King Lear Themes: Nature

France’s explanation of Cordelia’s honesty “Sure her offence, / Must be of such unnatural degree / That monsters it”France
Lear’s fault disrupted his relationship with Cordelia “like an engine, wrenched my frame of nature / From the fixed place”Lear
Lear’s condemnation of Cordelia’s unnaturalness “A wretch whom nature is ashamed / Almost to acknowledge hers”Lear
Edmund’s address to Nature “Thou, Nature, art my goddess; to thy law / My services are bound. Wherefore should I / Stand in the plague of custom […]?”Edmund
Lear summons nature to make Goneril sterile “Hear, nature, hear; dear goddess, hear! / Suspend thy purpose, if thou didst intend / To make this creature fruitful! / Into her womb convey sterility, / Dry up in her the organs of increase”Lear
Edmund’s acceptance of his inherent evil “Some good I mean to do, / Despite of mine own nature”Edmund
Edmund’s plot to exploit Edgar’s natural goodness “A brother noble, / Whose nature is so far from doing harms, / That he suspects none”Edmund
Gloucester’s condemnation of Edgar “Abhorred villain! / Unnatural, detested, brutish villain – worse than brutish!”Gloucester
Gloucester’s explanation for political and familial chaos “These late eclipses in the sun and moon portend no good to us. Though the wisdom of Nature can reason it thus and thus, yet nature finds itself scourged by the sequent effects: love cools, friendship falls off, brothers divide: in cities, mutinies; in countries, discord; in palaces, treason; and the bond cracked ‘twixt son and father”Gloucester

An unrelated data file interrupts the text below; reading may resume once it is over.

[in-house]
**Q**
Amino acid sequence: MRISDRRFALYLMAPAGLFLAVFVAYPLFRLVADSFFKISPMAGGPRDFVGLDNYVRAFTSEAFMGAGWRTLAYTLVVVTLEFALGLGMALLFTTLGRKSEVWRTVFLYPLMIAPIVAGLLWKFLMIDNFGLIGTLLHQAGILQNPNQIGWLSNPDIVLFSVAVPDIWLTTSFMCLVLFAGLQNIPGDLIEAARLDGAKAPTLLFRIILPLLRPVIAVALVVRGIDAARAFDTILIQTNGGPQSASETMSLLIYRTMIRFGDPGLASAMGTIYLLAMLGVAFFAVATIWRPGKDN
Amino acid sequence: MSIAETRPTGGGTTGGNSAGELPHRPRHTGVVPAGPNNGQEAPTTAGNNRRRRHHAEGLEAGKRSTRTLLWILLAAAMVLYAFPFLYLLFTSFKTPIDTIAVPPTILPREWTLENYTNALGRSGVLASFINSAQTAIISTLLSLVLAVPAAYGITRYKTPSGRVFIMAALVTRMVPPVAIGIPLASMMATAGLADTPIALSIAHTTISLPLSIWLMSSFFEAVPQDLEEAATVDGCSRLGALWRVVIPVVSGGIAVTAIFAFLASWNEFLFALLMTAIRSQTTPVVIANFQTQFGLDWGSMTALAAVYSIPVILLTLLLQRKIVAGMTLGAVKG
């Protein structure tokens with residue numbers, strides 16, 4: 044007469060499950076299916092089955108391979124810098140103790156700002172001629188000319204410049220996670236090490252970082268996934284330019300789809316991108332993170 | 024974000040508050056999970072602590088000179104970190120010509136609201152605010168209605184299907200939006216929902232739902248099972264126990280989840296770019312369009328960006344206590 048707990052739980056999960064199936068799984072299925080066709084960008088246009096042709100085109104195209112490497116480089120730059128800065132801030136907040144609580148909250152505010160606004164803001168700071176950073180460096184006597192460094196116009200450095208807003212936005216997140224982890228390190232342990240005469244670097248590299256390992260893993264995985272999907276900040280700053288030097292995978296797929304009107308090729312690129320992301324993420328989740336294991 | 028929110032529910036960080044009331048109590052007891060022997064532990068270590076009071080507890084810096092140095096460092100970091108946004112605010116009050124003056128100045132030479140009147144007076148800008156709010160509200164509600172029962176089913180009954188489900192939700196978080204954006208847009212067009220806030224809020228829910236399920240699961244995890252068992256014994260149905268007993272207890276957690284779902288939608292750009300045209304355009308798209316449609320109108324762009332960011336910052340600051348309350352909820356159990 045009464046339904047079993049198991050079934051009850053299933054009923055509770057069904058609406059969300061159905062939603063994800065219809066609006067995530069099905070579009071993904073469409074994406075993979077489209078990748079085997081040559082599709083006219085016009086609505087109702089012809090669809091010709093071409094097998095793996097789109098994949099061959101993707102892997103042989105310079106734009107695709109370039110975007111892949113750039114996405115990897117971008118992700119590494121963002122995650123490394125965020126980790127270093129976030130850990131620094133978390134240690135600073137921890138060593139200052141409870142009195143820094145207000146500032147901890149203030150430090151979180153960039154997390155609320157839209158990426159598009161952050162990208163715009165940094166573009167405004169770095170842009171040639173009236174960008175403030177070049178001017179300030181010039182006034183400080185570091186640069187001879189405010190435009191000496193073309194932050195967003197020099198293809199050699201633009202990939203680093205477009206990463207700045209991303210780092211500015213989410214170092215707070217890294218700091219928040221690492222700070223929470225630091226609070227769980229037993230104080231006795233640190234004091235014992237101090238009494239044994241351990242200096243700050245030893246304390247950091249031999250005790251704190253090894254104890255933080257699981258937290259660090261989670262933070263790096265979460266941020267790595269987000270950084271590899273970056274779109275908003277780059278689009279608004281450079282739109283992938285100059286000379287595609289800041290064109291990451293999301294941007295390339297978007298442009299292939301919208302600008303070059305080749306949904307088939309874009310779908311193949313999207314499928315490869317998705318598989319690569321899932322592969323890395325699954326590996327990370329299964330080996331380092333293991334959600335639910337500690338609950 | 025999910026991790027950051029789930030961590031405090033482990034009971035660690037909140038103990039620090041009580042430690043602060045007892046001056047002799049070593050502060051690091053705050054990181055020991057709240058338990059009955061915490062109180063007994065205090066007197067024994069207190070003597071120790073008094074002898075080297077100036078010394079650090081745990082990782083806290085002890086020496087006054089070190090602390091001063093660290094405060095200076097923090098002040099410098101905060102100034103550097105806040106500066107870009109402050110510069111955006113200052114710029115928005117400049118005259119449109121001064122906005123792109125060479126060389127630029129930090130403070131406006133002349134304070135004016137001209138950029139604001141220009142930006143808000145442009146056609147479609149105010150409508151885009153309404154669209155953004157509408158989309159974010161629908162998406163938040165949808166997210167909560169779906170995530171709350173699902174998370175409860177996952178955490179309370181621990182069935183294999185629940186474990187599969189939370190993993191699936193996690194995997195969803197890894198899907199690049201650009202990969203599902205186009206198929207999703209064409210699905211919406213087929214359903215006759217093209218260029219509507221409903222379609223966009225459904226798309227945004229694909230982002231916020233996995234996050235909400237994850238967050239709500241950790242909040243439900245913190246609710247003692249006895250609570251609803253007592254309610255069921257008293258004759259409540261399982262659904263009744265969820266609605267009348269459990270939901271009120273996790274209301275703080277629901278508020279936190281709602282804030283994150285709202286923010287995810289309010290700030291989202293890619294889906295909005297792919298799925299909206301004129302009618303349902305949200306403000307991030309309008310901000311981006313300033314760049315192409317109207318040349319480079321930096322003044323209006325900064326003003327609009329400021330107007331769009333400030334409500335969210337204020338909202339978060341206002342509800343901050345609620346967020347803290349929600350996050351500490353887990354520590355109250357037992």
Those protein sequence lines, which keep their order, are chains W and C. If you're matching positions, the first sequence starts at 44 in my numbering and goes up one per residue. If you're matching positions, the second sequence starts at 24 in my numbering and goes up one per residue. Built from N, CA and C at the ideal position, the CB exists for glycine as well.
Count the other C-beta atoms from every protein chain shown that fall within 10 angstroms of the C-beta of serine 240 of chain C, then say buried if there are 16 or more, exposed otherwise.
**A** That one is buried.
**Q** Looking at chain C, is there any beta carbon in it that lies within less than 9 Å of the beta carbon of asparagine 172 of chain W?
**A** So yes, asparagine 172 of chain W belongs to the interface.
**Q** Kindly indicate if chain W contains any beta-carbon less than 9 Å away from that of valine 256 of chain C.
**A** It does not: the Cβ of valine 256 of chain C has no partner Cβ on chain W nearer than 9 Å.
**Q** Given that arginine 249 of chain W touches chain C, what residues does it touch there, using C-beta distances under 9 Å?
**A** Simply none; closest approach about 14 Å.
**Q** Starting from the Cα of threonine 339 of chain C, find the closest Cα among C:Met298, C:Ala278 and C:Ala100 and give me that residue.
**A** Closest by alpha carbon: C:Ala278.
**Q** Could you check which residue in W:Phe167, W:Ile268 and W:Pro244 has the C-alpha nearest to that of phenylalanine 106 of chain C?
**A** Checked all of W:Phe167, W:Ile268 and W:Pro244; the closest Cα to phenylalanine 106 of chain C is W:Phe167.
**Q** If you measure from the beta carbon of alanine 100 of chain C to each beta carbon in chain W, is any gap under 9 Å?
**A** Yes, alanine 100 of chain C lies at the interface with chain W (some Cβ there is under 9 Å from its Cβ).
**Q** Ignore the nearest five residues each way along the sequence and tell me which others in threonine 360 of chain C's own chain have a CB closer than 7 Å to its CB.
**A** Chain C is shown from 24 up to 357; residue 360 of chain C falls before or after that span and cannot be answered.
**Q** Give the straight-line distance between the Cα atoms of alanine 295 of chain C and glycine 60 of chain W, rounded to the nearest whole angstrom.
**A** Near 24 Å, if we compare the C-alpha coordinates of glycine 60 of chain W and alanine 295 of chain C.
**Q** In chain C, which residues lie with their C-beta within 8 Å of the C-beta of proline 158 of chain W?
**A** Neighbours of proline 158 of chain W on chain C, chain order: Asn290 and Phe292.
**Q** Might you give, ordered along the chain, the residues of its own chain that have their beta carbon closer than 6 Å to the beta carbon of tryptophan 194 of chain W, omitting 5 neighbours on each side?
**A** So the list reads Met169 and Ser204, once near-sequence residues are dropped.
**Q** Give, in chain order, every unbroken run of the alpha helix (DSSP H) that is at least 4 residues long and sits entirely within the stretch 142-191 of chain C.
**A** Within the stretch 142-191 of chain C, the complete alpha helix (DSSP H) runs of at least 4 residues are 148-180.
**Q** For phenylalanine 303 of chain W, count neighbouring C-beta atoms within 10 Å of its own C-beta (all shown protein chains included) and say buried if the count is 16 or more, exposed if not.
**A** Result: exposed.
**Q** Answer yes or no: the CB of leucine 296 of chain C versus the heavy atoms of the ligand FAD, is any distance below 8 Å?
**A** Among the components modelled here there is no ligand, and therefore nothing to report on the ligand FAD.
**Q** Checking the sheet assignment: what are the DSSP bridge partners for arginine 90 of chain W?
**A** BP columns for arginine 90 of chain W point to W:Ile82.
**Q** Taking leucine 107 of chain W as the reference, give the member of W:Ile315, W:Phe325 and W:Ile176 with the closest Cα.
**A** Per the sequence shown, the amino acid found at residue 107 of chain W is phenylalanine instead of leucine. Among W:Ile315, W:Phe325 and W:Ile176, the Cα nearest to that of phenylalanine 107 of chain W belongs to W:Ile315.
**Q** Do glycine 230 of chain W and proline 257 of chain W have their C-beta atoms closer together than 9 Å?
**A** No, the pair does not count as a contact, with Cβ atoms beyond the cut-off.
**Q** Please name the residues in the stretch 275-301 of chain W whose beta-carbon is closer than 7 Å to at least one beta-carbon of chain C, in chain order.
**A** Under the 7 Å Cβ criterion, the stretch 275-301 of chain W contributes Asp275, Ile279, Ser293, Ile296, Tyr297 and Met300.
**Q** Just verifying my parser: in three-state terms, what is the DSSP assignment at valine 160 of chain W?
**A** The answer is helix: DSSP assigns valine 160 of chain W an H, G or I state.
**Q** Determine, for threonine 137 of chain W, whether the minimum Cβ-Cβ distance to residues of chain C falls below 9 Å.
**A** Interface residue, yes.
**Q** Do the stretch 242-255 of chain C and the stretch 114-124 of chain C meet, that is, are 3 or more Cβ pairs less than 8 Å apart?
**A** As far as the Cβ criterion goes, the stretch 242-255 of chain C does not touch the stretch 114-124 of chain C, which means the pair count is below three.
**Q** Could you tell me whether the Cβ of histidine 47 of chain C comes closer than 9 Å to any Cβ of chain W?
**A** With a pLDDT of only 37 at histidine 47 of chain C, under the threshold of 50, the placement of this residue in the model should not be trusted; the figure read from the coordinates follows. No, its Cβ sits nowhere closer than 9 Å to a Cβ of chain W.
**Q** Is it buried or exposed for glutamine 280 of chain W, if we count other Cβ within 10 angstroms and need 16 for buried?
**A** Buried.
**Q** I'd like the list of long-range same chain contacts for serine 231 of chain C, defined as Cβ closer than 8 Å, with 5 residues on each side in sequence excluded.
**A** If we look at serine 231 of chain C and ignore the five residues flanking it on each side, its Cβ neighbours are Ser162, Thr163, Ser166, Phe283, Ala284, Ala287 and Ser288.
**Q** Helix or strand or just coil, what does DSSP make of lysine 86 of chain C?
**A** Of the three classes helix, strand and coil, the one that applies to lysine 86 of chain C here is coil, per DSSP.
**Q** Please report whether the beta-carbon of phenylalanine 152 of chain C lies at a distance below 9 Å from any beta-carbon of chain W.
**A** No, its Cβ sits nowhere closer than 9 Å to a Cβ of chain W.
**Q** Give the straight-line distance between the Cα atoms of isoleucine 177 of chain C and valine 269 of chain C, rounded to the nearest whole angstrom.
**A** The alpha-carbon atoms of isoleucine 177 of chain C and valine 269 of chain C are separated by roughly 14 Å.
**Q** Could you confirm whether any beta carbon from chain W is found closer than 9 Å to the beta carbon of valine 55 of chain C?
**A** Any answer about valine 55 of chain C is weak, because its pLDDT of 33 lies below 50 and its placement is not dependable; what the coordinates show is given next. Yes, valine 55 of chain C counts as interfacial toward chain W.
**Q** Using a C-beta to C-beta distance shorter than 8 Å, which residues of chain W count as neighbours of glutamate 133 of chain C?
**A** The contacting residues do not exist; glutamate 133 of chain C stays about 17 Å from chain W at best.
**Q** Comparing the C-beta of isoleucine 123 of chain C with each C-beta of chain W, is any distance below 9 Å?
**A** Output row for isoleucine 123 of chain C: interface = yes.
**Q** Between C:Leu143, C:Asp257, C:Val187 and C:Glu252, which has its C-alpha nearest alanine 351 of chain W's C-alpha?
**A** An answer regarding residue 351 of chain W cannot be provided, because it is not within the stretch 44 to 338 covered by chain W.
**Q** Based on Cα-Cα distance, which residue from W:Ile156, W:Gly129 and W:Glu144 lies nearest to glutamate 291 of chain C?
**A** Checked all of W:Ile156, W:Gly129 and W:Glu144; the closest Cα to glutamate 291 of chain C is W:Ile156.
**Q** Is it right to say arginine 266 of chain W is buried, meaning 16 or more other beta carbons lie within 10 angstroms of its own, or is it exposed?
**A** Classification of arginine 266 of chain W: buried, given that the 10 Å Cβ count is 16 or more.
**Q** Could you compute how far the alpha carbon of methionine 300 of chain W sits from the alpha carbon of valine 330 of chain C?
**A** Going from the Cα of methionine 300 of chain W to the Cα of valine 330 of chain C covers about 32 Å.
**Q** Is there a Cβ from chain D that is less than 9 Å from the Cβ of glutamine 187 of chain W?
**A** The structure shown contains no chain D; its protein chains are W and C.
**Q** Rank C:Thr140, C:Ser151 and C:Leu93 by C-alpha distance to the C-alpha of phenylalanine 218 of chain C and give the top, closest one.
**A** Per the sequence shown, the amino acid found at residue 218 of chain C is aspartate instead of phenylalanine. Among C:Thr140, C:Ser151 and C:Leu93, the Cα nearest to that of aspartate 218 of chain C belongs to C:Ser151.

Lear’s cry for promiscuity “Let copulation thrive, / For Gloucester’s bastard son was kinder to his father / Than were my daughters got ‘tween the lawful sheets”Lear
Lear calls on Regan to know better as the kinder daughter “Thou better knowst / The offices of nature, bond of childhood”Lear
Kent’s condemnation of Oswald “nature disclaims in thee – a tailor made thee”Kent
Command of the wind “Blow, winds, and crack your cheeks!”Lear
Lear’s rejection of shelter, experiencing hardship like the animals of the natural world “I abjure all roofs, and choose / To wage against the enmity o’th’air – / To be a comrade with the wolf and owl”Lear
Knight’s personification/anthropomorphism of the storm “blasts with eyeless rage” “the belly-pinched wolf”Knight
Body can’t function when mind doesn’t work properly “We are not ourselves, / When nature, being oppressed, commands the mind / To suffer with the body”Lear
Calls on Nature to wreak havoc “And thou, all-shaking thunder, / Strike flat the thick rotundity o’ the world, / Crack nature’s moulds, all germens spill at once / That make ingrateful man!”Lear
Nature does not require excess “Allow not nature more than nature needs, / Man’s life is cheap as beasts”Lear
Gloucester calls on Edmund to save him “Edmund, enkindle all the sparks of nature / To quit this horrid act”Gloucester
The world will come to Lear’s state of ruin shortly “O ruined piece of nature, this great world / Shall so wear out to naught”Gloucester
The storm is too much for humans to bear “The tyranny of the open night’s too rough / For nature to endure”Kent
Calls on nature to heal Lear “All you unpublished virtues of the earth, / Spring forth with my tears. Be aidant and remediate”Cordelia
Cordelia laid on the ground dead “She’s dead as earth”Lear
Rolf Soellner – A03/A04Aristotelian versus Platonian / Stoic view of nature Aristotelians believed that the body influences the mind, whereas Plato and the Stoics supported by The Defence believed the mind should reject such influence – “Nature commands the mind” (to control the body)